Reviewing Borderlands 2 without rattling off a bullet list of improvements is a challenge, as it is a natural extension of the first Borderlands, a four-player cooperative first-person shooter RPG that Gearbox Software CEO Randy Pitchford is surprised no developer has copied yet. The main upgrade includes a “bazillion” more guns, revised classes and skill trees, completely new areas to explore, and a storyline that continues the plot and retains the hilarious lowbrow humor of the original title. Much about this sequel is expected, but that does not prevent it from being among the strongest multiplayer titles this year.
After the four original Vault Hunters opened The Vault on the inhospitable planet of Pandora, an arrogant man named Handsome Jack has stolen all the credit for their work, seized control of the Hyperion corporation, and discovered the whereabouts of another Vault. Thus begins his egotistic ascent, including an orbiting base shaped like the letter ‘H’ and general wanton destruction and oppression of the settlers on Pandora. On the upside, this once-in-a-lifetime opportunity catches the eye of four new badass Vault Hunters (plus a fifth, once the Mechromancer DLC is released in October) But not long after you’ve chosen one of them and are introduced in the opening cut-scene does Handsome Jack blow up the train you’ve infiltrated and leaves you for dead in a tundra.
The Guardian Angel from the first game soon contacts you, wishing to aid in your quest to save Pandora and settle a now very personal vendetta. Along the way, you’ll catch up with the first four Vault Hunters who act as NPCs and occasional partners, learning about their fight to bring Handsome Jack to justice, and you’ll come across familiar quest-giving friends like Scooter, Zed, Marcus, Moxxi, and Claptrap. A handful of new personalities join the fray as well, in a plot with several notable twists and turns, but let’s not spoil them.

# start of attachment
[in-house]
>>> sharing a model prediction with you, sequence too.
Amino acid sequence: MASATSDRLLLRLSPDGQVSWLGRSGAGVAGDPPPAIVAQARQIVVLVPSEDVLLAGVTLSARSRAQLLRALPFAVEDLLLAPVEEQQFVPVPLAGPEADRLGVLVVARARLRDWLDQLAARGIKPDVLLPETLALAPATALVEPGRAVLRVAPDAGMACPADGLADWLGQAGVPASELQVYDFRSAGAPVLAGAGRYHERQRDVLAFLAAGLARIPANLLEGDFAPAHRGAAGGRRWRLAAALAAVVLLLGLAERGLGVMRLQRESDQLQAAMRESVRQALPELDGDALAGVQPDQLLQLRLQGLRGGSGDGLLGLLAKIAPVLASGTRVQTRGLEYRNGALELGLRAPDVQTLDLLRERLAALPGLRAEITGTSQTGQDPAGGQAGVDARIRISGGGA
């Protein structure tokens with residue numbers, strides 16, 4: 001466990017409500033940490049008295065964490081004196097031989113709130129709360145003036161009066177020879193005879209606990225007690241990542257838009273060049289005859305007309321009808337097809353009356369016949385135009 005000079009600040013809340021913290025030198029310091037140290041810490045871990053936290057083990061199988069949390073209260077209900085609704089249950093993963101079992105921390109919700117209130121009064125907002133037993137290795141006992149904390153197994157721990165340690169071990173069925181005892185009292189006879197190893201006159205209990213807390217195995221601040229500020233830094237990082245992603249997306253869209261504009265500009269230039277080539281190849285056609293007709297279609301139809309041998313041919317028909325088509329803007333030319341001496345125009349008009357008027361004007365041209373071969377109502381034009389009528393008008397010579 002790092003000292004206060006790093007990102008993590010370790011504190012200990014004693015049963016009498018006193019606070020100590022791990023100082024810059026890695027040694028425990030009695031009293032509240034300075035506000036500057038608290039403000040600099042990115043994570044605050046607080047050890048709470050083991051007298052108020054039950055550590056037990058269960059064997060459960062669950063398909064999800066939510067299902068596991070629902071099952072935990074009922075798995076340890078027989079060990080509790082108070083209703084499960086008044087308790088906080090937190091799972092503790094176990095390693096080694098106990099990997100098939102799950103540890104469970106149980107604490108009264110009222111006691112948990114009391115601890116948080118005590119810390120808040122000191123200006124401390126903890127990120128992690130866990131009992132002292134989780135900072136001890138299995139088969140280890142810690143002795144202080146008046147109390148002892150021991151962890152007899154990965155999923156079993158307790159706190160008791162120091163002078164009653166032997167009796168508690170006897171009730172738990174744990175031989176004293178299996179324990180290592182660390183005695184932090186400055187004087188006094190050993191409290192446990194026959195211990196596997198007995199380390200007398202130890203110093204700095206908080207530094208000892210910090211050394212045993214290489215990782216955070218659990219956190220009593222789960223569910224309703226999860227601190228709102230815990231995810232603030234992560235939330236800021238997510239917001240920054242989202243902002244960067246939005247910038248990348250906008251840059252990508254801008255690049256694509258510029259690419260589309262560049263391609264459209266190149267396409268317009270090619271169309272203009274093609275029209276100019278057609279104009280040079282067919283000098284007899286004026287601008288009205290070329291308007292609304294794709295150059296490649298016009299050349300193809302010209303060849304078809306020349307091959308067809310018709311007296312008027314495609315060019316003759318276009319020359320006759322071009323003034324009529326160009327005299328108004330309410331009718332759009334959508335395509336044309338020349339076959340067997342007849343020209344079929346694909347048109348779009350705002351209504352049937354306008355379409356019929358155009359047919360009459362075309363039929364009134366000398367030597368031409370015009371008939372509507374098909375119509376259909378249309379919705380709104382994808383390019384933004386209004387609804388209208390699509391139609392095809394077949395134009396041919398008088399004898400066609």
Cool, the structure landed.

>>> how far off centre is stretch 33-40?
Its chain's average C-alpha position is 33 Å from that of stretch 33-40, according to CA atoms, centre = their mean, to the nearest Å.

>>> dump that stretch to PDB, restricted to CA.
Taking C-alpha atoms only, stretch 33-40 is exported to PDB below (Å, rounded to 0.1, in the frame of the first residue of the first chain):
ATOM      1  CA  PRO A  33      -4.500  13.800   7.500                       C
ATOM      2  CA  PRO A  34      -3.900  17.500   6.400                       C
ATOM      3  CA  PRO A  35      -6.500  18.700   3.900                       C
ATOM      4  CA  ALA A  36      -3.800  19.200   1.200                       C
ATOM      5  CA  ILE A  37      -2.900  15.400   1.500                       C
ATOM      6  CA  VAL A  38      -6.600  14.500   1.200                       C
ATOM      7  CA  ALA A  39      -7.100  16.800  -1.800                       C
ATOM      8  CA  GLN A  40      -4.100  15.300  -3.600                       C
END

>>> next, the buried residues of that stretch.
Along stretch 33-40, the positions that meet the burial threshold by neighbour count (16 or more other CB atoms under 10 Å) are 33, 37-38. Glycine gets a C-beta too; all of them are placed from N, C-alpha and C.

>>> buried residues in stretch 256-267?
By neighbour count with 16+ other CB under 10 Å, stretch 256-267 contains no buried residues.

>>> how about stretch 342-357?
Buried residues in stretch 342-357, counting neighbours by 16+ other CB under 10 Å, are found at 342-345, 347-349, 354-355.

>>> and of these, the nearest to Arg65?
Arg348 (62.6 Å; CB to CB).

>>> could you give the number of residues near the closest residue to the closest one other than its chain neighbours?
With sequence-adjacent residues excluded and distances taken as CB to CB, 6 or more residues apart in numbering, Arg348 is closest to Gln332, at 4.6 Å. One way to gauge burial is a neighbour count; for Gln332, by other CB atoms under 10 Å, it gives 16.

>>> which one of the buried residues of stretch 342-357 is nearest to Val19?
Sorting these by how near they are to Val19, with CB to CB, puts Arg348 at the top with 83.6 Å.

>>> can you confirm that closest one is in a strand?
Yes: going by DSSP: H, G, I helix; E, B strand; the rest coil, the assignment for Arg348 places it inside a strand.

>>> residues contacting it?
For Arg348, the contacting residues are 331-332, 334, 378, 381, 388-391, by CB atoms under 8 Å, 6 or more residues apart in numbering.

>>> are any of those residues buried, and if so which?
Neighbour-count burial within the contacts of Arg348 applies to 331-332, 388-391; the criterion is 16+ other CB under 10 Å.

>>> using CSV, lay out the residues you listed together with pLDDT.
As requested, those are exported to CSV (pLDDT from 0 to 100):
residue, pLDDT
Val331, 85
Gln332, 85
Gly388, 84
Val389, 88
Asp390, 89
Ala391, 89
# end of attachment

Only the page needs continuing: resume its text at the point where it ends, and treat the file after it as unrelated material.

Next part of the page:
If all this sounds like the first Borderlands, that’s because it rightfully is. The core gameplay doesn’t bend over backwards changing its Diablo-inspired mechanics: explore an area, shoot guns at enemies until their shields and health run to zero, find loot off their corpses and in chests, use your class’s special ability at opportune moments, gain experience and skill points, return to home base to sell off excess inventory, rinse and repeat. Combat is still about finding cover, looking for headshots to land critical hits, using the most effective element guns, and hurling a grenade every now and then for crowd control.
That said, nearly every facet of the game has been enhanced, most notably the four new classes that essentially tweaks the original four. The Commando upgrades the Soldier’s turret with the ability to reclaim it for reduced cooldown, shoot it long distances, and turn it into shield. The Siren has changed in name but has a different Phaselock ability that effectively places enemies in stasis. The best additions are the Assassin and Gunzerker—the former can deceive people with a clone and snipe bandits with ease like Mordecai, while the latter is a tank like Brick but can wield two guns at the same time and regenerate health while he’s pumping robots full of holes. Better yet, you can customize the color palette and head of your character to disguish yourself from other players of the same class, and earn additional skins as loot drops and rewards from challenges.